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6 misconceptions about Australian taxation of cryptocurrency

6 misconceptions about Australian taxation of cryptocurrency

At the Trenches Summit seminar, LDB’s Senior Manager of Accounting Florence Ioannou shared tips on how you can talk to your clients about cryptocurrency.

As part of her presentation, she busted some myths about cryptocurrency and clarified some common misconceptions about tax issues and other factors relating to the asset class.

From whether cryptocurrency is a currency for tax purposes to if cryptocurrency as a hobby is taxable, Ms Ioannou sets the record straight.

To learn more, tune into the video from the seminar below, or read on for more information.

Myth 1: Cryptocurrency is a currency for tax purposes

Contrary to popular belief, cryptocurrency is not deemed a currency for tax purposes within Australia.

The Australian Taxation Office (ATO) recognises cryptocurrencies as digital assets. This means they are subject to the same capital gains or ordinary income that, for example, shares fall into.

The Australia’s Currency Act (1965) divides currency into two types:

  • Australian currency; and
  • “every currency that is recognised and adopted by the laws of any other sovereign state as the monetary unit and means of discharging monetary obligations for all transactions and payments in the respective sovereign state (that is, foreign currency)”.

Until recently, cryptocurrency did not meet the definition of currency as it was not a monetary unit recognised and adopted by the laws of any other sovereign state.

However, we await the regulatory response to El Salvador officially adopting Bitcoin as legal tender from September 7, 2021.

As such, if you are holding cryptocurrency as an investment, you will pay capital gains tax (CGT) on any profits when you dispose of them. If you hold them personally, in a partnership or trust for more than 12 months, you may be entitled to the 50 per cent general CGT discount.

Alternatively, if you make a loss when you dispose of your cryptocurrency this can be offset against other capital gains you made during the financial year or carried forward to future years where it may be used against future gains.

If you are actively trading cryptocurrencies for profit, as opposed to holding them for investment, the profit or loss will form part of your assessable income. The profit or loss is determined at the time of disposal.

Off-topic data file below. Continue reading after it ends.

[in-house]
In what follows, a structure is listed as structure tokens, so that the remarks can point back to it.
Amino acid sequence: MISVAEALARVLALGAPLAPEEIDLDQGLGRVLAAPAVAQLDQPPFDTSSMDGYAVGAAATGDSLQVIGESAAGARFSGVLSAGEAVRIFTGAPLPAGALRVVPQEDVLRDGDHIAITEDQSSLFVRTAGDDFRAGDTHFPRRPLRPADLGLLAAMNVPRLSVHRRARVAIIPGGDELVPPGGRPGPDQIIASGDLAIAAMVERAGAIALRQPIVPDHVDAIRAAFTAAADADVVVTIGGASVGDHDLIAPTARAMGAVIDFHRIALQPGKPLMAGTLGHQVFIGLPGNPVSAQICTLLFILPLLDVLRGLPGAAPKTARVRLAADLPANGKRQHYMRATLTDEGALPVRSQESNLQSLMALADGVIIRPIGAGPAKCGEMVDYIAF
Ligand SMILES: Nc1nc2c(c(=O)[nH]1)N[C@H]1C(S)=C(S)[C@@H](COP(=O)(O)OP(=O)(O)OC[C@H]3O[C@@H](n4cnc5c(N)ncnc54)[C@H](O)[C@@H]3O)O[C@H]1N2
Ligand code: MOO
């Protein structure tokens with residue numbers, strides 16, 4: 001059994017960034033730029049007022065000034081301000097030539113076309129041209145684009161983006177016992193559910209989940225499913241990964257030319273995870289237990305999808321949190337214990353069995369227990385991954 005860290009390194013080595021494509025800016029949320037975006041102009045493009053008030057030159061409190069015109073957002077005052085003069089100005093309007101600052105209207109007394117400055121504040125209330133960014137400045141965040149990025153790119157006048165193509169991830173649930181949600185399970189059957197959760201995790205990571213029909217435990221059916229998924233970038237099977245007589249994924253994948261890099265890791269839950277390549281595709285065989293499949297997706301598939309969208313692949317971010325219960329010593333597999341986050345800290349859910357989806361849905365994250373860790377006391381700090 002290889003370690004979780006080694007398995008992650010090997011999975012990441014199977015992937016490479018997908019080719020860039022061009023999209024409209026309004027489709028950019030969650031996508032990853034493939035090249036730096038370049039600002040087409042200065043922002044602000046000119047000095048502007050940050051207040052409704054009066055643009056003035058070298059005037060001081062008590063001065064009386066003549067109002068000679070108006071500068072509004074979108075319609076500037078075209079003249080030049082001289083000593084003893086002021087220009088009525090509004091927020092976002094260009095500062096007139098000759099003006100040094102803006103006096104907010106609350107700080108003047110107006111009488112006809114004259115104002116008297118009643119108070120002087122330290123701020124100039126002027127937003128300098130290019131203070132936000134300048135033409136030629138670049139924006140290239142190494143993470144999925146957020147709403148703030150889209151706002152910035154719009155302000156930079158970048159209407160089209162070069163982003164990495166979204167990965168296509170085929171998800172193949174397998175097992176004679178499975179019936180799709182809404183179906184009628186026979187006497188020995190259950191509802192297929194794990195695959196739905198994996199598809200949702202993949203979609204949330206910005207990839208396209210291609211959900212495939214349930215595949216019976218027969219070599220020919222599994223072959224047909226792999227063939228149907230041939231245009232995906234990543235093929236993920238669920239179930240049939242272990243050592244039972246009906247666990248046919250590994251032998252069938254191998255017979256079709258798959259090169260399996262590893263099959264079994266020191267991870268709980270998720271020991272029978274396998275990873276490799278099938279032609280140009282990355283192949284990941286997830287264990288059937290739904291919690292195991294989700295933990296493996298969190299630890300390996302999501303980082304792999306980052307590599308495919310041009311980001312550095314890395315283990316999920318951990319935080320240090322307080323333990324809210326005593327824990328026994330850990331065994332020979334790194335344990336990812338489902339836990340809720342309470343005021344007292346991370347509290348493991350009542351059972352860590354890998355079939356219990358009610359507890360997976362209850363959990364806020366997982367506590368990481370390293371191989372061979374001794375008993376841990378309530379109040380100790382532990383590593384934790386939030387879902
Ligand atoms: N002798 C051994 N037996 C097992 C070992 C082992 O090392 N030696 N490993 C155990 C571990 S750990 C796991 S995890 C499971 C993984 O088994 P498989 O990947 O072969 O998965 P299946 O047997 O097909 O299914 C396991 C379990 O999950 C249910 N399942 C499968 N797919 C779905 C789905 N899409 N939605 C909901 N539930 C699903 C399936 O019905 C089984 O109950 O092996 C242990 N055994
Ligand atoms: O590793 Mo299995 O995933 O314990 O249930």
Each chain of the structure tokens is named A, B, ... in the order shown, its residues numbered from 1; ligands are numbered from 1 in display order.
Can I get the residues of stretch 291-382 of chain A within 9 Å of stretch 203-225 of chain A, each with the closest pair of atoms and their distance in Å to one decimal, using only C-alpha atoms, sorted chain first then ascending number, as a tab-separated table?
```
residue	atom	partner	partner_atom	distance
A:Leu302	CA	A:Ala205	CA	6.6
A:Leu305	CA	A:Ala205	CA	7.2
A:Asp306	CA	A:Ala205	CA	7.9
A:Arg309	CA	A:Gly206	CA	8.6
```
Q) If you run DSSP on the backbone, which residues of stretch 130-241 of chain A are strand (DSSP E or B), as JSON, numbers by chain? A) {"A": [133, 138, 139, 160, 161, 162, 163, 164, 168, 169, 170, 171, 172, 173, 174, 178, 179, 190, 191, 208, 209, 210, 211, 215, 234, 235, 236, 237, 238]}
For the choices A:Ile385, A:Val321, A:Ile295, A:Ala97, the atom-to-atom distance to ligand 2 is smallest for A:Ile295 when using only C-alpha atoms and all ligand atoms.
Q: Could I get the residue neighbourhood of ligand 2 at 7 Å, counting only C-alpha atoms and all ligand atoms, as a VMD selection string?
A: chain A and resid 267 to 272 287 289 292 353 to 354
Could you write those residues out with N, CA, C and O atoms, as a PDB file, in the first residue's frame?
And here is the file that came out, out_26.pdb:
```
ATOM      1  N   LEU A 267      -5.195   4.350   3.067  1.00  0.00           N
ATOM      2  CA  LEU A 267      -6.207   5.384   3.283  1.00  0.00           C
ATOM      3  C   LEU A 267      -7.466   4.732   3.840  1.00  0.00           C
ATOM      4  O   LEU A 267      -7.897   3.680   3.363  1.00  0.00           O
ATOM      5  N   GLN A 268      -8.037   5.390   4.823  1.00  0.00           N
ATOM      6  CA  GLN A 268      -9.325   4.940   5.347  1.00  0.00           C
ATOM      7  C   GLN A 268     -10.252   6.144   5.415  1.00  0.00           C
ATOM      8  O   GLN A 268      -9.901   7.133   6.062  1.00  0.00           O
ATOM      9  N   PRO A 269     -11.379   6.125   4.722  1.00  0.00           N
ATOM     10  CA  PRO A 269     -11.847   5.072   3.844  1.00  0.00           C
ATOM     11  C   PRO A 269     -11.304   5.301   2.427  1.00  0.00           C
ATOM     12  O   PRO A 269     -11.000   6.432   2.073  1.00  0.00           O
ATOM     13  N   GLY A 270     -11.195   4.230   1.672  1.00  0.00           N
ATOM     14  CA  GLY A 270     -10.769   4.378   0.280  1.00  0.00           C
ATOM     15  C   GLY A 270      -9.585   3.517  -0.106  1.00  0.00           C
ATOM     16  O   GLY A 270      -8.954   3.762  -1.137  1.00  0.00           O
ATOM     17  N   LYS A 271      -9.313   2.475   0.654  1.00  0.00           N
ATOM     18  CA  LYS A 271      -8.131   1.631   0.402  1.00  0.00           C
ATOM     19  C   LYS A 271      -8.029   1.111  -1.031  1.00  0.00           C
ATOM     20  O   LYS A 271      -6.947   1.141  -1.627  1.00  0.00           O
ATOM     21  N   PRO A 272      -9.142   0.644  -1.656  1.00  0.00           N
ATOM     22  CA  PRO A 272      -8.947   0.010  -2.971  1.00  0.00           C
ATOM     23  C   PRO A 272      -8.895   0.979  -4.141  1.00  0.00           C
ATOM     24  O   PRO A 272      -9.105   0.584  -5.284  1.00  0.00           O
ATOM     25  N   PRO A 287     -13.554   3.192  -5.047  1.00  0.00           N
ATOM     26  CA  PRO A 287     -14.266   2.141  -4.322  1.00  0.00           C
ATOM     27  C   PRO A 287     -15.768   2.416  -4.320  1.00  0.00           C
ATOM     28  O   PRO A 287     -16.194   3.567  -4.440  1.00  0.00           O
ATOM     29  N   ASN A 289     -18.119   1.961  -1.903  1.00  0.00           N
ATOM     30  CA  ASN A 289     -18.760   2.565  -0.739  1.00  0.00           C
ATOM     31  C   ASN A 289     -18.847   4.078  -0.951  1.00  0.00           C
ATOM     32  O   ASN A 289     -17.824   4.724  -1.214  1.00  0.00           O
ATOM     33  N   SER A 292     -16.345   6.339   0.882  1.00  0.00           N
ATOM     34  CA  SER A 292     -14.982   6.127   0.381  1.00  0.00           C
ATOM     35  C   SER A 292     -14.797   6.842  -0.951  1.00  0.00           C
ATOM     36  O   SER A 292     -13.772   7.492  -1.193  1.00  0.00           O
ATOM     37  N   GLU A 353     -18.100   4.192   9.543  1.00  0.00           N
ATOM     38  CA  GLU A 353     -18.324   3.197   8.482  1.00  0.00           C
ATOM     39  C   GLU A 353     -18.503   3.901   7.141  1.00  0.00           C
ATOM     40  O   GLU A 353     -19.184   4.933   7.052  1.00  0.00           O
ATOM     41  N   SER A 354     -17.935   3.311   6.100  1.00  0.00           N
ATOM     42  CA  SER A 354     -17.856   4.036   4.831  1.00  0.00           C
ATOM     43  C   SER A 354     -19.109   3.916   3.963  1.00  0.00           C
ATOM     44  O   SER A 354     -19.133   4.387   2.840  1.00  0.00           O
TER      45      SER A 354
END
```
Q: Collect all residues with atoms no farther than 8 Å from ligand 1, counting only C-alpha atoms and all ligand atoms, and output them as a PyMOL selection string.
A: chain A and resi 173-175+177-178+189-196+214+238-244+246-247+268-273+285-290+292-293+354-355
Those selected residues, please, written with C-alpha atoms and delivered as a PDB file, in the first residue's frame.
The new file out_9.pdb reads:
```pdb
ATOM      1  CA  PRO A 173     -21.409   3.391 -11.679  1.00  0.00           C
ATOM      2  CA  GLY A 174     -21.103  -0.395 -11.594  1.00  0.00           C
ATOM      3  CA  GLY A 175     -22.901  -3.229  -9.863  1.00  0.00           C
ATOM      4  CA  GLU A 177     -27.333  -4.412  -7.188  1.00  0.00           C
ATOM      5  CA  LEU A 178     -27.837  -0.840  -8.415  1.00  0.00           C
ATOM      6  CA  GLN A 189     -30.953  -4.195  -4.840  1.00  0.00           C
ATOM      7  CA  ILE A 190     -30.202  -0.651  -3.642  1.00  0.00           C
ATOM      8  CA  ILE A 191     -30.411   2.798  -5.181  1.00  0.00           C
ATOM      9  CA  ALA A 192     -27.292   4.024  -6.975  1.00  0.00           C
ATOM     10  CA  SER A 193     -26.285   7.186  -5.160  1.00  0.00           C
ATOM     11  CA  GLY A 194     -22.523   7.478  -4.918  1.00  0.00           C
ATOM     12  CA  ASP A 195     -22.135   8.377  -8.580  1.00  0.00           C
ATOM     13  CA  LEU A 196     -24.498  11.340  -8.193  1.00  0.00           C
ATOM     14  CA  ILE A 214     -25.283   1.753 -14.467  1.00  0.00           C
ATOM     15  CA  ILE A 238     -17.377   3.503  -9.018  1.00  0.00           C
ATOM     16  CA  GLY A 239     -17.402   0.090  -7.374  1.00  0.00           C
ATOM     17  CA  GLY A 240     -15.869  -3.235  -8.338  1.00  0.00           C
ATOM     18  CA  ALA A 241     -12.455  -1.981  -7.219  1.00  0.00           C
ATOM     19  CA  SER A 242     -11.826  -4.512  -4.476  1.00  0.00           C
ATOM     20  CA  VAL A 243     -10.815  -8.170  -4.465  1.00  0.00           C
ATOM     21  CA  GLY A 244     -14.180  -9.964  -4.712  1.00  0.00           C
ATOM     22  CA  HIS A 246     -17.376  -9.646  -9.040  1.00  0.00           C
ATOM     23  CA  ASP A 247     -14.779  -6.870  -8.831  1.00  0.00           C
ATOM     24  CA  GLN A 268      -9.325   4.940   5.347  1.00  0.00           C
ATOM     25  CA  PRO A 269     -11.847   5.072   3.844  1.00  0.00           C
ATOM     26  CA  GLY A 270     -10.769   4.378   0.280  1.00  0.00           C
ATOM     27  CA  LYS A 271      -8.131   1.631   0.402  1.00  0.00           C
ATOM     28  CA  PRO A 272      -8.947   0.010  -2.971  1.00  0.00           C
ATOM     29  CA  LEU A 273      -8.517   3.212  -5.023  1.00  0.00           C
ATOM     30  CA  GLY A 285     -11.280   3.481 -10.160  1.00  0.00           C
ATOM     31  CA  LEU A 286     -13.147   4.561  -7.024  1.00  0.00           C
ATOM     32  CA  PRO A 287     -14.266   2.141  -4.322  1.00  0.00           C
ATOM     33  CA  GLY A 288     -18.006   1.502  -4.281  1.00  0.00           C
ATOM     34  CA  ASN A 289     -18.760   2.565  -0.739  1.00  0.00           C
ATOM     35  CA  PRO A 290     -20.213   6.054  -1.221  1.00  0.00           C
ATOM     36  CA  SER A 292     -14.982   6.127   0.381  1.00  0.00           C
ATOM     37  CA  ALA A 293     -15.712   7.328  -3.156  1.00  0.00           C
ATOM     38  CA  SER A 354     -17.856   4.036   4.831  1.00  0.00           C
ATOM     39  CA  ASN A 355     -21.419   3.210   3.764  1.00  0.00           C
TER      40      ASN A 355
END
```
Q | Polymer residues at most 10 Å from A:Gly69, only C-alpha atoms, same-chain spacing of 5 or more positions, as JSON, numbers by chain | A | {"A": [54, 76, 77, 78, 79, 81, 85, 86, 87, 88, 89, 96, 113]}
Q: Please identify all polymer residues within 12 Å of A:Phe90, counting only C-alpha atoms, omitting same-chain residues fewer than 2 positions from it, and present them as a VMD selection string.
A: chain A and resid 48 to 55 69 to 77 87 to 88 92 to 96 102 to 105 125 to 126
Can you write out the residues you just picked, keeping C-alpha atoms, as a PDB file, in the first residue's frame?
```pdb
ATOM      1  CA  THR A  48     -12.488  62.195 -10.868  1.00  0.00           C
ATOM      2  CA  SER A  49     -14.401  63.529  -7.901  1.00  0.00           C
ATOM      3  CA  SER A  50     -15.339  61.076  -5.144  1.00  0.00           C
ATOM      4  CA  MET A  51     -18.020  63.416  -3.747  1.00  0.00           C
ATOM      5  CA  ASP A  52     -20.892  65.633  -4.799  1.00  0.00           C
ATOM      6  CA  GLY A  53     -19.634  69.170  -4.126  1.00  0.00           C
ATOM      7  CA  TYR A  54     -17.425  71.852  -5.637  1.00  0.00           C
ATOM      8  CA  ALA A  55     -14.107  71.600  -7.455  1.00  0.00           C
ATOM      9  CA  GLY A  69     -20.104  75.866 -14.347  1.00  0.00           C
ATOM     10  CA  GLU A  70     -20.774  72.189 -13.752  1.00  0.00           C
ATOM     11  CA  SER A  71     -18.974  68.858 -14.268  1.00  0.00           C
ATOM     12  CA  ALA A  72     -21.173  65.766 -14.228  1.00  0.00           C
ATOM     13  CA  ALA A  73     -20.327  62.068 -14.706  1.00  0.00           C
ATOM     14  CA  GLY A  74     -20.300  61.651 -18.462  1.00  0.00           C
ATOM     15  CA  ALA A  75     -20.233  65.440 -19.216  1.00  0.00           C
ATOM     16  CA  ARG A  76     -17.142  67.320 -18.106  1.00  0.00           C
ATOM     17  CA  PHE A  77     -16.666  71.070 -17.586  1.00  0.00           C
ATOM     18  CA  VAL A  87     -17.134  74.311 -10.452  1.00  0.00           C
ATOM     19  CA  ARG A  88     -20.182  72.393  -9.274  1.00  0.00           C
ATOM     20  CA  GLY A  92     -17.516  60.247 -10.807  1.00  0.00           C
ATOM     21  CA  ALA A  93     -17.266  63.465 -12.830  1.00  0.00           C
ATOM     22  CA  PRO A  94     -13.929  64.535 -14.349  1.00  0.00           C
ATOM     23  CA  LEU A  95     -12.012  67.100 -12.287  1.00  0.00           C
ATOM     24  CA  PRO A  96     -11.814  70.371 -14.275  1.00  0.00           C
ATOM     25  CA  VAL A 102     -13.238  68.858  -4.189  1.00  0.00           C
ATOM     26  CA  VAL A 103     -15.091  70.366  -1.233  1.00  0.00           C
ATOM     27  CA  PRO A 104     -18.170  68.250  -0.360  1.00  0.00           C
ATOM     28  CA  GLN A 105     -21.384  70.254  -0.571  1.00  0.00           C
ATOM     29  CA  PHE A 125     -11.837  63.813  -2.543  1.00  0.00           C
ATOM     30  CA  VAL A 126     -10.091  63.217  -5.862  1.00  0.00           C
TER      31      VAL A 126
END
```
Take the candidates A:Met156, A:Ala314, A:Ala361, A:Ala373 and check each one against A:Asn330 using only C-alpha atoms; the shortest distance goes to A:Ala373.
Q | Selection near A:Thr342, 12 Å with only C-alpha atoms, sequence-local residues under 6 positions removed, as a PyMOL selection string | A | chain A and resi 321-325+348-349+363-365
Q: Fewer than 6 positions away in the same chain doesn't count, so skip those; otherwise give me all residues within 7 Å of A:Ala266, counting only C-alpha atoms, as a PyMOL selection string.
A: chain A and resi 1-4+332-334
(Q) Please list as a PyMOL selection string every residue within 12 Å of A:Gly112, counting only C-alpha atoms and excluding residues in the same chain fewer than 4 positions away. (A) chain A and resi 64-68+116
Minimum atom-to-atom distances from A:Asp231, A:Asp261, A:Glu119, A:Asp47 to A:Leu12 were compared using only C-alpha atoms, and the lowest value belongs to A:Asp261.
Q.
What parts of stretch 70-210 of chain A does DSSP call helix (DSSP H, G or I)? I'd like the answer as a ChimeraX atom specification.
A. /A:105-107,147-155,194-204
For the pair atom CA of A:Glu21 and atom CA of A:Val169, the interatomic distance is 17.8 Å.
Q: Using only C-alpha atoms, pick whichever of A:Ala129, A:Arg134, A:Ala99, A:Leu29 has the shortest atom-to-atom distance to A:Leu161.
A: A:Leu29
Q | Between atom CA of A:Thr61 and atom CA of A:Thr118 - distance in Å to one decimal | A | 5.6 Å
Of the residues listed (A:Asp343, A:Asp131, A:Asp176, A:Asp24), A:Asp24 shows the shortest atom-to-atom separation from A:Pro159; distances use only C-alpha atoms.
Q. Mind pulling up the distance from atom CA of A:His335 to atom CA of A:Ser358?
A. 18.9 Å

If you are unsure if you would be considered a trader or investor, please refer to our article ‘Share trader or investor – what’s the difference?’ as the concepts in this article can be applied to these circumstances. You may also like to read our article on tax for cryptocurrency in Australia for more information and some worked examples.

Myth 2: Tax is only payable when withdrawing your money back to fiat (AUD$)

There’s a misconception circulating that have people believing that no tax is paid until you eventually sell your cryptocurrency back to fiat – for example, Australian dollars. Note that the definition of fiat money is inconvertible paper money made legal tender by a government decree.

As previously mentioned, cryptocurrencies are considered digital assets, which means any crypto-to-crypto transaction is a taxable event.

For example, if you purchase Altcoins with Bitcoin the ATO considers you to have triggered a deemed disposal on either capital gains or ordinary income as you have technically disposed of the Bitcoin. In this example if you were considered an investor, the CGT event is calculated as the value of the Bitcoin when you purchased the Altcoin, less the original purchase price of that Bitcoin.

In this instance, the ATO will apply foreign currency tax rules to calculate the gain or loss on the transfer from Bitcoin to Altcoin. It would be reasonable to assume that if you purchased the Bitcoin in order to acquire the Altcoin then the gain or loss will be minimal.

It should be noted that transferring cryptocurrency from one wallet to another wallet is not considered a deemed disposal of cryptocurrency for tax purposes as the taxpayer maintains ownership of the coin/token.

Myth 3: Cryptocurrency under $10,000 are not taxable – personal use asset rule

This rule only pertains to rare situations because the ATO considers cryptocurrency as a non-personal use asset if it is kept or used mainly: